America’s public lands are for all of us to use.
While you may be tired of hearing about it, hidden entities are still pushing weak minded state and federal legislators to transfer the ownership of our public lands away from us
March 3, 2015 By Whit Fosburgh
[dropcap]S[/dropcap]portsmen have been called on to defend our public lands a lot lately. Short-sighted proposals have popped up in state legislatures all across the West this winter to transfer the ownership of our public lands away from the American people. Hunters and anglers have been on the front lines, often right on the steps of state capitols, defending more than a hundred years of our national outdoor legacy.
One of those bad ideas has migrated to Washington, with the February 13 introduction of S.490, the Federal Land Freedom Act of 2015. This legislation would turn the management of energy production on millions of acres of American public lands over to the states. The logic behind this bill is that energy production should be the dominant use of public lands, and that literally every barrier should be removed to make sure that production occurs quickly and with little regard for fish and wildlife habitat or access, indeed with little regard for anything.
Should federal public lands be singularly focused on the production of energy?
S.490 is crafted on the principle that states can regulate energy production on federal public lands more efficiently and more effectively than can the federal land management agencies. This may well be true if one believes federal public lands should be singularly focused on the production of energy. State regulations for energy development are generally targeted at maximizing profits on state, and frequently, on private, lands. Our federal public lands were created for a higher purpose than rapid development at all costs. This legislation represents a reversal of the multiple use mandate that has been a foundational principle on federal public lands for more than a century. The American people own these lands and the American people must insist on having a say in their long-range management.
Energy development clearly has a place on federal lands, but it must be balanced with other uses and the public has a right to make its voice heard in that management. The Federal Land Freedom Act, however, makes clear that the public will have no input on public lands decision making when it comes to energy development. The legislation ensures, in no uncertain terms, that the Administrative Procedures Act, the National Historic Preservation Act, the Endangered Species Act, and the National Environmental Policy Act will be specifically cut out of the process for determining where energy production ought to go, and where it ought not to go.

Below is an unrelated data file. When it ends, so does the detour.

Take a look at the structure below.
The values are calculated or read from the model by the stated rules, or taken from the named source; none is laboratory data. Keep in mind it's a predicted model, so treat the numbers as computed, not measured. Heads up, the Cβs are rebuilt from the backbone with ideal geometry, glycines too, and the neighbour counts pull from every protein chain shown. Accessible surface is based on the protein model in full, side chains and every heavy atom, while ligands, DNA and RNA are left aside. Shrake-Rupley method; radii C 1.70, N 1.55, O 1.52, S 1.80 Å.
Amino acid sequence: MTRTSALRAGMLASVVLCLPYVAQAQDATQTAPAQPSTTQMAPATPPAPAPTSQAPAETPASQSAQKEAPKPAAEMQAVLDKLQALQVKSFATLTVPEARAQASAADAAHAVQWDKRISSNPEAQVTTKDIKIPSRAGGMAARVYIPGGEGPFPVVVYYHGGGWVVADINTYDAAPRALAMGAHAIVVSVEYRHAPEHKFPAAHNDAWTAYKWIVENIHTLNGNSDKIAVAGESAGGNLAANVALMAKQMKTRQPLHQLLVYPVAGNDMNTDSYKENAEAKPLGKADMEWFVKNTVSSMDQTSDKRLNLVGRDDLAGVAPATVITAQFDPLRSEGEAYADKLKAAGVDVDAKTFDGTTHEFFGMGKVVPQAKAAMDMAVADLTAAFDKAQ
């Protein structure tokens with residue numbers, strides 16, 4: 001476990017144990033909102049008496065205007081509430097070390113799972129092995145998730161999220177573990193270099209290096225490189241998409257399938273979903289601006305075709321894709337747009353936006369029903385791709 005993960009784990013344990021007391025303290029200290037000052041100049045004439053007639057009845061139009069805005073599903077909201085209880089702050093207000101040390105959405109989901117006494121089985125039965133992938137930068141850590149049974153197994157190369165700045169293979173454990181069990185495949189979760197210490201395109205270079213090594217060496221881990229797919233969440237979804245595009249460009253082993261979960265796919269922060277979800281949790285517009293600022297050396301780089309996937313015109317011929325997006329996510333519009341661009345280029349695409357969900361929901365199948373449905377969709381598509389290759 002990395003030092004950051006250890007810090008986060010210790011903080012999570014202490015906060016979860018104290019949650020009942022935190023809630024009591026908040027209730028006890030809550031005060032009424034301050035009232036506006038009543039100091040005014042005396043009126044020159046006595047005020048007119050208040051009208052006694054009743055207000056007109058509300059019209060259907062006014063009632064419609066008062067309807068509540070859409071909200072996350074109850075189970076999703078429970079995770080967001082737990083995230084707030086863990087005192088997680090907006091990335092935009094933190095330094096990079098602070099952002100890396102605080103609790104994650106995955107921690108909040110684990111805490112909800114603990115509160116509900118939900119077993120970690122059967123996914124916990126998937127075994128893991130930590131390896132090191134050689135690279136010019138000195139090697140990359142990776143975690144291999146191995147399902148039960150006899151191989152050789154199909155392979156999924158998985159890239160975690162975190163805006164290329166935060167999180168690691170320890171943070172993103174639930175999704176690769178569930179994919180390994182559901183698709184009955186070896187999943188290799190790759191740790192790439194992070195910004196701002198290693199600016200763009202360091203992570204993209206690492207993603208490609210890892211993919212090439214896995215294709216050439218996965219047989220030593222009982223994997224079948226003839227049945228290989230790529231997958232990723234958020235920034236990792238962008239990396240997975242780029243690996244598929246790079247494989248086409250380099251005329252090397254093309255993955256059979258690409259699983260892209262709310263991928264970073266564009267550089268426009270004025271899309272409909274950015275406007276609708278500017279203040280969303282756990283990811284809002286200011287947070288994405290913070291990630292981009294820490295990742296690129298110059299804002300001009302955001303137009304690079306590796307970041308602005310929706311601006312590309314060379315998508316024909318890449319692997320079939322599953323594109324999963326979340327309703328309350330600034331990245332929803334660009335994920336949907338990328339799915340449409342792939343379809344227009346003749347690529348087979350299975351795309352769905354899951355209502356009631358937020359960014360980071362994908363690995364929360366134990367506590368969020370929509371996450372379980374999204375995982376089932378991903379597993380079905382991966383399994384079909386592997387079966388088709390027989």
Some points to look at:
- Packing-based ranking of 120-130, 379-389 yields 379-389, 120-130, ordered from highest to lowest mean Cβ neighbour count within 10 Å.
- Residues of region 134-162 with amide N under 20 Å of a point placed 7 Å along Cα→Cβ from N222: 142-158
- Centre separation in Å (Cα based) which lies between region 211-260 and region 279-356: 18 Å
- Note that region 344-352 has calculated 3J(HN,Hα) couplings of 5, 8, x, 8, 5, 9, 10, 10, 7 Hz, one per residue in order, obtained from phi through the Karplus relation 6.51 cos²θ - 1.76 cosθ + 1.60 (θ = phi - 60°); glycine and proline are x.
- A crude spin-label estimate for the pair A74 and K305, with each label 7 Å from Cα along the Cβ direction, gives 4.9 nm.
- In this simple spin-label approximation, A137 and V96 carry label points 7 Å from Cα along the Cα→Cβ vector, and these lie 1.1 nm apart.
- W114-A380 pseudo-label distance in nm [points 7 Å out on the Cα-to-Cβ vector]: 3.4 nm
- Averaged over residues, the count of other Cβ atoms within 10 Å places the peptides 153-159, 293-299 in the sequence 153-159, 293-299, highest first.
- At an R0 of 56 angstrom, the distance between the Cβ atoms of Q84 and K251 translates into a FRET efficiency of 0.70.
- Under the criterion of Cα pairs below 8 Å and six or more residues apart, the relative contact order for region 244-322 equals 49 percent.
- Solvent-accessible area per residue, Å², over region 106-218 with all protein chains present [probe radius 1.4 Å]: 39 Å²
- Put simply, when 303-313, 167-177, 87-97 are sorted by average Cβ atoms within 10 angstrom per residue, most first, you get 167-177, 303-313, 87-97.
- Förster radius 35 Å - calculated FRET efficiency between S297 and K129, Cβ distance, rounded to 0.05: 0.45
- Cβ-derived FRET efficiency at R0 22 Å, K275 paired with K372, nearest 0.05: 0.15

The bill’s proponent is no friend of America’s outdoor folks – his vote is bought and paid for
The notion that underlies this bill, and many of the other land transfer ideas we’ve seen in recent months, is that these federal lands that have not been industrialized are “unused” or “underutilized.” In introducing S.490, Senator James Inhofe (R-OK) said “The states, not the federal government, are the ones best equipped to tend to the extensive unused and unprotected lands across the nation that the federal government has staked a claim to.”
As any sportsmen can attest, the notion that if an area is not industrialized means it is unused is nonsense, and likely spoken by someone who has never left the comfort of his or her vehicle to experience our public lands. It ignores the fact that our public lands are the backbone of the nation’s $646 billion dollar outdoor recreation economy. It ignores the fact that 72 percent of hunters in the west rely on public lands to pursue their passion. And it ignores the fact that wide open places, like Wyoming’s sage country (often referred to as “The Big Empty”) provides critical habitat for 350 different species, from sage-grouse and golden eagles to mule deer and pronghorn.
Hunting, fishing and outdoor recreation power a rural economic boom that won’t ever go bust
The reality is that this lack of development on some of our public lands provides access and opportunity for sportsmen and outdoor enthusiasts from around the country. Hunting, fishing and outdoor recreation power a rural economic boom that won’t ever go bust, so long as we take care of the habitat and the access.
We must help decision makers understand that these lands are far from unused
Hunters and anglers are amongst the strongest champions of federal public lands, as witnessed by the rallies we are seeing across the West opposing selling off or transferring to the states our public lands. We must remain vigilant as well against proposals that don’t go quite so far as wholesale transfer, but that will just as surely forever change the public land landscape.